La Granja Ibiza
Farm Fiestas: Dia de los Muertos
On the island that shuts down as a prime summer vacation spot until next season, we winter residents eagerly follow the Mexican surplus festivity suit.
Low season in Ibiza is the high time to make friends, to get to better know neighbours, for all natives and winter inhabitants to feel being together.
Mexican calendar is full of days – each is anything but mundane, including Mondays. All in all, you find some 10,000 fiestas being held throughout the country each year – official and unofficial; national, regional, local; religious and secular. Their number, diversity of the occasions and the variety of celebratory expressions all make for one of Mexico's most distinctive cultural traits, which qualifies the populace as easily the most fun-loving people on earth. Mexicans readily admit to it by often saying: "Somos muy fiesteros".

On the island that shuts down as a prime summer vacation spot until next season, we winter residents eagerly follow the Mexican surplus festivity suit. Making sure your inner sunshine never turns to clouds to correspond with the Weather Channel, we suggest you stay tuned for our fiestas – some popular ones, some unheard of, others being our blank-slate inventions, hilarious anthropological hacks… Low season in Ibiza is the high time to make friends, to get to better know neighbours, for all natives and winter inhabitants to feel being together. FARM FIESTAS are all about that – starting Monday, October 31st with Dia de los Muertos.

That the Day of the Dead should be full of joy may strike as something hard to come to terms with in a flash. Yes, it is precisely that: a cheerful welcome for the souls of the dead as they return to enjoy the pleasures they once knew or would have had in the company of their close friends, loving relatives, good partners and happy strangers.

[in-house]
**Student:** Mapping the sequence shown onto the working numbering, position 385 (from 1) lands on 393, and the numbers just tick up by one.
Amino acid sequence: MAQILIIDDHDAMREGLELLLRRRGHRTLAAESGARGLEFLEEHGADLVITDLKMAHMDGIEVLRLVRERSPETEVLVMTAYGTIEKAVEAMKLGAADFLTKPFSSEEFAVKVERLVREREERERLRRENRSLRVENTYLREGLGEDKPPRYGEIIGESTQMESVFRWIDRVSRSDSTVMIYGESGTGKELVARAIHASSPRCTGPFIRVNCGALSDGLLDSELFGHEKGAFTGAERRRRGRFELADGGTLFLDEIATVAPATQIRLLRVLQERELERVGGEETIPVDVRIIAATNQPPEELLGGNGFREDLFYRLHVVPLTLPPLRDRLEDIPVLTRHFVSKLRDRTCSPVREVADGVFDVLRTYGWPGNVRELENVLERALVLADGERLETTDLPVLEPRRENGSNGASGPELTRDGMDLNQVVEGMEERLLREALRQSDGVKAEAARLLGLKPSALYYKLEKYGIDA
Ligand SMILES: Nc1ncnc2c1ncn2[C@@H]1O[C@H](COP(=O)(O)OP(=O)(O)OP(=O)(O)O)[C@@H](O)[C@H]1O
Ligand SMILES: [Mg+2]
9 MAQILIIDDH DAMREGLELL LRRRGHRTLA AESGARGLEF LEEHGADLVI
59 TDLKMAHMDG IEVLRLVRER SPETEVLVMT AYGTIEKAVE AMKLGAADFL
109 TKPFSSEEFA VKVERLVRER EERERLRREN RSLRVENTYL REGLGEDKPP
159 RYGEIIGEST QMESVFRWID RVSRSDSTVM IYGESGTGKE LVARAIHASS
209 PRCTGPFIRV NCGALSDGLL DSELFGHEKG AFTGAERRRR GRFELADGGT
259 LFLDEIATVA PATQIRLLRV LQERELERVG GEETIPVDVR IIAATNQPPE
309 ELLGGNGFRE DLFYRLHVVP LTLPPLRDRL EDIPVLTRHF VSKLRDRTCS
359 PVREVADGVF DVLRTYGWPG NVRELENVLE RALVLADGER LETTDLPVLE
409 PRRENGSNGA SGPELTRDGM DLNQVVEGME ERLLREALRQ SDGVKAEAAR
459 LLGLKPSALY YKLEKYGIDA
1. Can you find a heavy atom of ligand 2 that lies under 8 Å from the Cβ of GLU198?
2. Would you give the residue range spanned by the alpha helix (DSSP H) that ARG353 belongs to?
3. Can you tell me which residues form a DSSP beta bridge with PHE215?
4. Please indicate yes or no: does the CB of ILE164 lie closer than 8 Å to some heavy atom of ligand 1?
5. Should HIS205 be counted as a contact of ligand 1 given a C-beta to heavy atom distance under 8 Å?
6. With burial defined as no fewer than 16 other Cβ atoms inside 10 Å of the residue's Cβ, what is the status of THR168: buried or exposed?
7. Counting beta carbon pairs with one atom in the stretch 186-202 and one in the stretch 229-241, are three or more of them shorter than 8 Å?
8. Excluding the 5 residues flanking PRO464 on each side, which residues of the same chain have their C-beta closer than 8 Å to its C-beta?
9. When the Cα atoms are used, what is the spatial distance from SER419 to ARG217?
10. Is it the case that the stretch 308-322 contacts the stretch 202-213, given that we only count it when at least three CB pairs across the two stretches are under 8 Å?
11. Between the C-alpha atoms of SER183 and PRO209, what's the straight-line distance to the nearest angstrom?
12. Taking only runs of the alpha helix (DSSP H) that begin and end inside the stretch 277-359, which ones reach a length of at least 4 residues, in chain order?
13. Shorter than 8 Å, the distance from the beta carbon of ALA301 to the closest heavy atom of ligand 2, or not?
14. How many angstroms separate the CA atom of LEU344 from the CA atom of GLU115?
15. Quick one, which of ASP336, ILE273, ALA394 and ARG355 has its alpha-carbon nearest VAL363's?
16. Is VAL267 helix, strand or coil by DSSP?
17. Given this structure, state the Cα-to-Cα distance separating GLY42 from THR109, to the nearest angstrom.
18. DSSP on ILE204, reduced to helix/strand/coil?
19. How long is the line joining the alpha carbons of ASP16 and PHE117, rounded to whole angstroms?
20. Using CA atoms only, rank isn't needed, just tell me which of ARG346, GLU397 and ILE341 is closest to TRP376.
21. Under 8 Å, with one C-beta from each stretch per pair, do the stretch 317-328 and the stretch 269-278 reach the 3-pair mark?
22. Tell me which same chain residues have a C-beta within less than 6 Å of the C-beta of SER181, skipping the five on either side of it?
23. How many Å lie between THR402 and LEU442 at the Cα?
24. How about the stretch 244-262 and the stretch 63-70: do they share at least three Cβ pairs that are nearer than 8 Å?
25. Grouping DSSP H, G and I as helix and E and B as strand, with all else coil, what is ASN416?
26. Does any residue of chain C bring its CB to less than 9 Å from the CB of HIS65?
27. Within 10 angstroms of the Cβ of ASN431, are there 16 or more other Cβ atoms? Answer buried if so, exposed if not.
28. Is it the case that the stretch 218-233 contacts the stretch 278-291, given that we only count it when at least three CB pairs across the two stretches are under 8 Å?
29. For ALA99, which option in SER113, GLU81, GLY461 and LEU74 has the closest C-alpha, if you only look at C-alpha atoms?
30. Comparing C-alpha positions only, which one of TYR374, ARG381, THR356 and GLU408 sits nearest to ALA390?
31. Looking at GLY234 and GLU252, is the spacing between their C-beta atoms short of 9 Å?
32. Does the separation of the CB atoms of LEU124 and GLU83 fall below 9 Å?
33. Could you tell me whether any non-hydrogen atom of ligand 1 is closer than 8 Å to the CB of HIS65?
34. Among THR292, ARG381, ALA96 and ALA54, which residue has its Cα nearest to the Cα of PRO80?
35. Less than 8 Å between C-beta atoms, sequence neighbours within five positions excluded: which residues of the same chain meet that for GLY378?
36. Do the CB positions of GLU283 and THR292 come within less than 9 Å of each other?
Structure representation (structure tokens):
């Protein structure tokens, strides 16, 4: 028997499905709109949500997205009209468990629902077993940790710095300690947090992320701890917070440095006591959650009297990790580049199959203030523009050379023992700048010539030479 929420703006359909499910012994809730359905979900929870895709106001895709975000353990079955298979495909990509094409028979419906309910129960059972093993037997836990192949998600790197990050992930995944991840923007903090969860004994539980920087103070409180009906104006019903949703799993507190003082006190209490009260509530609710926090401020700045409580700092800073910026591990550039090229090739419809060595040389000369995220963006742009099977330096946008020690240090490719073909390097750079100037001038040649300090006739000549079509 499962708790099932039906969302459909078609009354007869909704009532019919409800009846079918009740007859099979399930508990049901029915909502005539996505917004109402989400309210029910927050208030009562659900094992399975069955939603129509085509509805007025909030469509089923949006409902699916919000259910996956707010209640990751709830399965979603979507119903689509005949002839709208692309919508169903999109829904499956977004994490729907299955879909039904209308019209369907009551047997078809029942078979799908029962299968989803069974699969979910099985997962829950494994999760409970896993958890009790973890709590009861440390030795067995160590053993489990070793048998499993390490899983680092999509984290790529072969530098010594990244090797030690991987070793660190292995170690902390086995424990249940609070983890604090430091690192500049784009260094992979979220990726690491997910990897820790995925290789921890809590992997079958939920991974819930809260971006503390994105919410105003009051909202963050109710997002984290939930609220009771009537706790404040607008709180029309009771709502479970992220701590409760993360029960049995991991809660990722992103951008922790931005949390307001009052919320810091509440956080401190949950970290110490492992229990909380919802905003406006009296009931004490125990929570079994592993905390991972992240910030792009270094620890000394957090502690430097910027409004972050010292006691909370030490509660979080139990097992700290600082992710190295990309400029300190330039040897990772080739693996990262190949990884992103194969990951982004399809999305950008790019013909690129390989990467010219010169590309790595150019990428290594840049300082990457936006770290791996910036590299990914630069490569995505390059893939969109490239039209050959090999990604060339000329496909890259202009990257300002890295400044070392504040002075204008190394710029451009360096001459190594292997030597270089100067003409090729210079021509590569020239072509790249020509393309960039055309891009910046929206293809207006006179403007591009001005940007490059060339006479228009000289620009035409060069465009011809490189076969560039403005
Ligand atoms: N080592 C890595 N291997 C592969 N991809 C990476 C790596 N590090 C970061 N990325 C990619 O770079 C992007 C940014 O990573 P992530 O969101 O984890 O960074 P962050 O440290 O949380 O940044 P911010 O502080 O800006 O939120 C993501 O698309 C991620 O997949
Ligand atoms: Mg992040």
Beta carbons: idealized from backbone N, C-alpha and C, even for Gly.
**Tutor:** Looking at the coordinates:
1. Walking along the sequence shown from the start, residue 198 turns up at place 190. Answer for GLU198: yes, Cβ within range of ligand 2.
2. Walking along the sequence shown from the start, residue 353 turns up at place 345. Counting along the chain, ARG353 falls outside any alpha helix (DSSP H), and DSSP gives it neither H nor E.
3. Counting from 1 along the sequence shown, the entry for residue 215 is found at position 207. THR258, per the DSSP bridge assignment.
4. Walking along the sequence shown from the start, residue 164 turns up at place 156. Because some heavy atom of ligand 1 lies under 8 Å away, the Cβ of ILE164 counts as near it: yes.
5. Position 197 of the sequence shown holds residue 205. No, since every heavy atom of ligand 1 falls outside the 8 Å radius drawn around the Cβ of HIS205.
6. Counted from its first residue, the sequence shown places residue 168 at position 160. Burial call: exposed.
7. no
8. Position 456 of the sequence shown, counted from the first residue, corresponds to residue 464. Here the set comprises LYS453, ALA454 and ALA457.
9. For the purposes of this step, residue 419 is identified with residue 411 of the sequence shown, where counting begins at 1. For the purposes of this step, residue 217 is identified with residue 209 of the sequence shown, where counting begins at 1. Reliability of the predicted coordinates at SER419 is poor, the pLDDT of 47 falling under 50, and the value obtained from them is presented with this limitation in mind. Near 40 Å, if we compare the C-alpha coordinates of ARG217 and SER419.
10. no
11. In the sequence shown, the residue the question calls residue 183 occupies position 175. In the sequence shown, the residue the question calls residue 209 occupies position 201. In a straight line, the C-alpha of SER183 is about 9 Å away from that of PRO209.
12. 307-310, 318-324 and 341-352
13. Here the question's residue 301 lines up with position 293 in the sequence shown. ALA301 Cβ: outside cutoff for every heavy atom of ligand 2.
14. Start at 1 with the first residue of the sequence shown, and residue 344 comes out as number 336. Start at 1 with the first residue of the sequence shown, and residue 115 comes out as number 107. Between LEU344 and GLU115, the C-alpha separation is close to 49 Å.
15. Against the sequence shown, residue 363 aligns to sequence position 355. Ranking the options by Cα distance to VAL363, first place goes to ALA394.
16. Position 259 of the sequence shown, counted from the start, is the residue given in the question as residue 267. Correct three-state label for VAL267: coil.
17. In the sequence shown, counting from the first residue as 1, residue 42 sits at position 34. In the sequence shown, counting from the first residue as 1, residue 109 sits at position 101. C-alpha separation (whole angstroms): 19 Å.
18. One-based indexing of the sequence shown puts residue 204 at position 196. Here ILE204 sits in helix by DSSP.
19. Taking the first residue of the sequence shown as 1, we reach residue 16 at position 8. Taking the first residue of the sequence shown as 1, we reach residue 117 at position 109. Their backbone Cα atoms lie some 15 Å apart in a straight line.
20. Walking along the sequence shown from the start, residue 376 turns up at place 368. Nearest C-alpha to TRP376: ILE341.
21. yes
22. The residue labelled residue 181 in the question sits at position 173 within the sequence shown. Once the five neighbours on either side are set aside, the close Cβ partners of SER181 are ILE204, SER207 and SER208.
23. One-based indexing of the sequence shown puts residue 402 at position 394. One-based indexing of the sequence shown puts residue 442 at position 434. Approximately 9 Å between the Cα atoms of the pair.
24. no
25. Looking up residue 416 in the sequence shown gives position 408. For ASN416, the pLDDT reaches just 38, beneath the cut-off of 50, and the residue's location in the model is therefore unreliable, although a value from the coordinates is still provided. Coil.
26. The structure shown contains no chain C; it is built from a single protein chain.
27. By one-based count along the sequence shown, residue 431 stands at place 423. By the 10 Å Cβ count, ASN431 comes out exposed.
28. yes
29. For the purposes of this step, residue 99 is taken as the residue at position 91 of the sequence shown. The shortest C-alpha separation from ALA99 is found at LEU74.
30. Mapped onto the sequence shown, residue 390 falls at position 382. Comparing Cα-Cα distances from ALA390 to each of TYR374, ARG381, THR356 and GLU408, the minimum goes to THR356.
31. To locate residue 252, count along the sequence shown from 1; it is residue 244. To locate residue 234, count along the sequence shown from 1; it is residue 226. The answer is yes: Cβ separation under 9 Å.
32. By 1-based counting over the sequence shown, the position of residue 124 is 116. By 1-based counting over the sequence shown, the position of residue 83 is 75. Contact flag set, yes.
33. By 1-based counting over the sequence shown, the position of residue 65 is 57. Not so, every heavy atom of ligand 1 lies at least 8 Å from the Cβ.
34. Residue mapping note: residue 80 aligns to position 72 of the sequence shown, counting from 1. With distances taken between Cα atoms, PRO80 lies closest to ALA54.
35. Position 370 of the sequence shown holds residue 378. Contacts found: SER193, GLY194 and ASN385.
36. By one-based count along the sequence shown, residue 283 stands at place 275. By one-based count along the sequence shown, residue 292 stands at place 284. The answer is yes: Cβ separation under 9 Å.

We welcome the spirits as we should in this tradition, as ancient as death itself – with the creation of an ofrenda (altar). Its most important elements are water, wind, fire, and earth. Water is offered to quench their thirst – the souls are coming long way. We light candles to refer to fire, while the wind is signified with paper ornaments hanging and responsive to the movement of air. The earth element is represented by food, usually sweet bread. Photos or/and small personal belongings complete the altar de muerto.

Since the Day of the Dead is a celebration rather than mourning, prepare for having a good time, like you mean it, with uplifting music and dancing to animate the evening. Anything to let the dead have the time of their lives.